5. To take the edge off in seconds, make yourself smile.

Sure, it sounds ridiculous…but just try it. Time and again, research shows that the simple act of smiling can actually boost your mood and reduce the intensity of the body’s stress response. Yes, even if you force it. That’s because the physical act of smiling stimulates the part of your brain that allows you to feel emotions—the amygdala—which triggers the release of neurotransmitters (“happy” brain chemicals like dopamine and serotonin that promote a positive emotional state). It may not be enough to completely turn around a sour mood, but it can certainly help break that negative flow of energy.

6. Get outdoors and move your body—even for just 5 minutes.

Just five minutes of exercising in nature (a.k.a. “green exercise”) such as walking in a park, weeding your garden, taking a bike ride, or doing some outdoor yoga can boost both mood and self-esteem, according to research. The effect is even greater if you’re also near water. So if you’re in a funk and only have a few minutes to spare, let Mother Nature lift your spirits.

7. Diffuse a citrusy essential oil (or take a big whiff of an orange).

If you’ve ever taken a whiff off freshly ground coffee or a wildflower and instantly blissed out, you know the power of scent on emotion. In fact, aromatherapy has even been studied for its ability to alleviate depression. Interestingly, certain scents seem to be extra uplifting—various types of citrus essential oils (think: bergamot, sweet orange, lemon, yuzu, and grapefruit) may help reduce stress, cultivate positive feelings, ease anxiety, and more. So, add a few drops to your diffuser, or keep a bowl of citrus on your table and take a big sniff when sad or stressed.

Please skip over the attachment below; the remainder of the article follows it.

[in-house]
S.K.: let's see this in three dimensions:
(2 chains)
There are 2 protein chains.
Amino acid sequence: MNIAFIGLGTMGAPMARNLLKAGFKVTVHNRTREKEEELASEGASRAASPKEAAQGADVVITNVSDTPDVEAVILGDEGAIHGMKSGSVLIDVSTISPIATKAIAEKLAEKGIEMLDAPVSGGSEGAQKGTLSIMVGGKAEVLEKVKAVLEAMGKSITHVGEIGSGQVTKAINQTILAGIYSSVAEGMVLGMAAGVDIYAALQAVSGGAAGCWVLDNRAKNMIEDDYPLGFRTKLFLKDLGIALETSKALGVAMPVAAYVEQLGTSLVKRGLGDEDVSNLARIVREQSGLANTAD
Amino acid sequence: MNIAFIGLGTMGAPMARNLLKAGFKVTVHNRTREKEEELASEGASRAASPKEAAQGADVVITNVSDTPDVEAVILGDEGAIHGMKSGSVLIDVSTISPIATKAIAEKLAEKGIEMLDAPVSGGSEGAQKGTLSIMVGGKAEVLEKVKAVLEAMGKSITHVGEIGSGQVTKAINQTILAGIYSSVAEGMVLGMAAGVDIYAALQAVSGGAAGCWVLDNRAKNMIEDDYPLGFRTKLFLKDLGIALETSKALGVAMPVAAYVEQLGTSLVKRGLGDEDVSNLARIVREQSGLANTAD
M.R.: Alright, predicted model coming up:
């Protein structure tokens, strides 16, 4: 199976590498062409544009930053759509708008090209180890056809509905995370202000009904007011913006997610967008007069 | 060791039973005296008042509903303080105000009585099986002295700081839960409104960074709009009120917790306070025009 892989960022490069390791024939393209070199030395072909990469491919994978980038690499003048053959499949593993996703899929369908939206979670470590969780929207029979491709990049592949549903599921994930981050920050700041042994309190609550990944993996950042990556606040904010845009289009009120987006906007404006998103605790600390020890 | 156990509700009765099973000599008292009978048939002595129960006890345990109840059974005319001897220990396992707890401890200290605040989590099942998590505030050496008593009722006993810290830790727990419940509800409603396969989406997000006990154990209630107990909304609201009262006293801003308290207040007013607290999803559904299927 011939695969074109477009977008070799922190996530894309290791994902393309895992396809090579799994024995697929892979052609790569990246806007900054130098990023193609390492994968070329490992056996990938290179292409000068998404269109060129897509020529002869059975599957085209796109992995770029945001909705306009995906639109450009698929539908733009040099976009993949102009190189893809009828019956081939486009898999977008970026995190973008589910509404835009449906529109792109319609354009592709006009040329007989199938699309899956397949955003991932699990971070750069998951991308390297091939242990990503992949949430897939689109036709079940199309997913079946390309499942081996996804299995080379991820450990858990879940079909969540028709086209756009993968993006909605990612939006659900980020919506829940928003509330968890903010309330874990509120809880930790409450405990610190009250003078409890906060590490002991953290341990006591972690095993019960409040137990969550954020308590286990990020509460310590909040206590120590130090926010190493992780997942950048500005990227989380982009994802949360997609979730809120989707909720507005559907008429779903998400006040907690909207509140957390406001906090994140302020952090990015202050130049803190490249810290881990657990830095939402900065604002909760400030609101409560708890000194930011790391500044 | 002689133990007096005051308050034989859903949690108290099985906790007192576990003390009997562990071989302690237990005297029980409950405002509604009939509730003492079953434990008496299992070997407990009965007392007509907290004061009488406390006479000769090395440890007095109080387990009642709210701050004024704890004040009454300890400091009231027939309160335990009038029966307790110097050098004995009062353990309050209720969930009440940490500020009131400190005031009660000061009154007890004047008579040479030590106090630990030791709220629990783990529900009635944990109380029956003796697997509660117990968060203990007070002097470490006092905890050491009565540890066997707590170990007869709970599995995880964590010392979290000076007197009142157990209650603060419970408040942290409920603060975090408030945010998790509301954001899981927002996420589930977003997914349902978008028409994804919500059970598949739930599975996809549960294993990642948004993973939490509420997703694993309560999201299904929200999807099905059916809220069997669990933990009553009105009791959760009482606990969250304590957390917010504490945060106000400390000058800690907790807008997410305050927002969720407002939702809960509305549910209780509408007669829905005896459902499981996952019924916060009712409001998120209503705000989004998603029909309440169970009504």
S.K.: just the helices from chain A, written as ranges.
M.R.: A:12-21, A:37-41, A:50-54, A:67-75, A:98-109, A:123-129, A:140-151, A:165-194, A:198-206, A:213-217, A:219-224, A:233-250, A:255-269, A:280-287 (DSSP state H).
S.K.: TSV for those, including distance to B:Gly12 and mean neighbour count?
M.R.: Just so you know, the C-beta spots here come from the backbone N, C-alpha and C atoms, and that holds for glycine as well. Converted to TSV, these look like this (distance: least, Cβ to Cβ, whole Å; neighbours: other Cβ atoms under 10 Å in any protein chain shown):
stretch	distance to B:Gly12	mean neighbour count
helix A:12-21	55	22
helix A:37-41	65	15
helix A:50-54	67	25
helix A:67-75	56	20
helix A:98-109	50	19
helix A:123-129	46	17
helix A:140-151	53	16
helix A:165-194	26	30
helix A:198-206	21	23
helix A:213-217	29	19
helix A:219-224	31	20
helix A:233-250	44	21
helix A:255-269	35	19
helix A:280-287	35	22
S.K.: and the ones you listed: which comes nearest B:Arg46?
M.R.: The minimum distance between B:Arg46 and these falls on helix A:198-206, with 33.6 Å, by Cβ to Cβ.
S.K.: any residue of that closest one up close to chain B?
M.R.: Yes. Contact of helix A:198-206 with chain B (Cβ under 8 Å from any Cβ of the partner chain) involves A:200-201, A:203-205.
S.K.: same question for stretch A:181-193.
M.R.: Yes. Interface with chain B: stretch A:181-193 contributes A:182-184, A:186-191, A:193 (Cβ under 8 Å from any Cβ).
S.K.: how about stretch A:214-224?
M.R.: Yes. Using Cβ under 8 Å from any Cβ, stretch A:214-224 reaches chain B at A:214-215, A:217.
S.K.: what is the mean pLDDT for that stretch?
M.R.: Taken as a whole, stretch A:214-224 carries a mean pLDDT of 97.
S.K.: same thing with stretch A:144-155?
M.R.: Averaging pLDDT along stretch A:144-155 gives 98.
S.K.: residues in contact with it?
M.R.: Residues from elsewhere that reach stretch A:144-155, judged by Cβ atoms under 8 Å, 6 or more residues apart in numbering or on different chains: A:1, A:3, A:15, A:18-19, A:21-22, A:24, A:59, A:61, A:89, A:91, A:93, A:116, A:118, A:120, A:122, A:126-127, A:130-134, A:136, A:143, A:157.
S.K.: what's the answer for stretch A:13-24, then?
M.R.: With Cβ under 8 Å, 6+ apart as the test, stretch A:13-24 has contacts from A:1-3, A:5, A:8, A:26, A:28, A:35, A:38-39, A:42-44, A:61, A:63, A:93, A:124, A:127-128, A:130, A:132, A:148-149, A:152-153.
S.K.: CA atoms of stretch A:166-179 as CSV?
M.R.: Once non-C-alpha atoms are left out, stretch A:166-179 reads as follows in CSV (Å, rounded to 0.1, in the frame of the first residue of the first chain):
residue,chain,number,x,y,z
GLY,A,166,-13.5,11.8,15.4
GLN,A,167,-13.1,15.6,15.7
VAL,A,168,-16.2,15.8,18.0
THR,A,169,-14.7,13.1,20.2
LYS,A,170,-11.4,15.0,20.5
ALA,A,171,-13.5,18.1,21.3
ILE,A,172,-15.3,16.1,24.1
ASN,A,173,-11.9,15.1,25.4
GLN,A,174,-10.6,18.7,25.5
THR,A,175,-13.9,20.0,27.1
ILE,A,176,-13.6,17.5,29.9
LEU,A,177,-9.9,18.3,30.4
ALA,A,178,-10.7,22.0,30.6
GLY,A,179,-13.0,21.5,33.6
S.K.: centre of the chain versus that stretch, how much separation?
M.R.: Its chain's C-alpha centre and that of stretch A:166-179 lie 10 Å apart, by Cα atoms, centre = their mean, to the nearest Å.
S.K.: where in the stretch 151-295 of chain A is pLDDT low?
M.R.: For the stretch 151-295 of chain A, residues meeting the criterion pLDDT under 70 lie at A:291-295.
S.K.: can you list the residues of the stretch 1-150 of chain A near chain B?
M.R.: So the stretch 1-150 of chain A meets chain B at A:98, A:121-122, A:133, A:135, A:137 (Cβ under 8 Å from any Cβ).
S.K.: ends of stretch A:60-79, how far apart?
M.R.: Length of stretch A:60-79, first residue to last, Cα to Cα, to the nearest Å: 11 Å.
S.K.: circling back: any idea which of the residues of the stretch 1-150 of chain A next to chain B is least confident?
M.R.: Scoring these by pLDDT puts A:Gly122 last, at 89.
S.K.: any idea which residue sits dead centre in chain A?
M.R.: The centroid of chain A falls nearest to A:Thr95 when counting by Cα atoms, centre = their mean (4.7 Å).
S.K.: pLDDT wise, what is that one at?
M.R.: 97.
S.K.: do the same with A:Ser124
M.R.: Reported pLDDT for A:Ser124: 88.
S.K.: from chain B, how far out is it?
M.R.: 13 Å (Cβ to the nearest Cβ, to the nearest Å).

8. Take a quick dance party break for a natural high.

Even if you’re a terrible dancer, it can still be a powerful mood-boosting therapy. So crank your favorite upbeat playlist and just move! Not only does any type of physical activity lower cortisol and thus curb stress, but research suggests dancing can boost your body’s circulating levels of endocannabinoids—the same mood-lifting compounds that contribute to that amazing “runner’s high” feeling. Bonus: Singing has the same effect, so YouTube karaoke is definitely on the table.

9. Donate a few bucks to a good cause.

Volunteering has long been established to boost mood and your sense of purpose. But the really good news (especially in the age of coronavirus): You can get similar mood-boosting benefits, right away, simply by donating money—research shows that people who made donations to organizations related to major societal causes had increased activity in the mesolimbic reward system of the brain. Not sure where to donate? CharityNavigator.org and CharityWatch.org are good places to start your research.

10. Make yourself a blood sugar-balancing snack.

Fluctuations in blood sugar can lead to pretty drastic and immediate mood shifts. In fact, studies show that unstable blood sugar levels among people with diabetes contribute to negative moods and lower quality of life—more specifically, research suggests high blood sugar often contributes to anger or sadness, and low blood sugar contributes to feelings of nervousness. On the upside, you can buffer this blood sugar effect by incorporating fiber, protein, and healthy fats into your meals and snacks. Think: an apple and a handful of walnuts, a square of dark chocolate dunked in peanut butter, or Greek yogurt with berries and honey.

Finally, remember to find meaning in the tough moments.

The tips above can help you feel better pretty quickly, but for lasting contentment, it’s important to look deeper, too. If a tough situation has you feeling down, remind yourself how it’s getting you closer and closer to a larger goal, or how it’s helped you evolve as a person. Research shows that having purpose in life helps you recover faster from stressful events. And if something that’s stressing you out is not getting you toward a larger goal, sketch out a few actionable steps that can help change your trajectory for the better.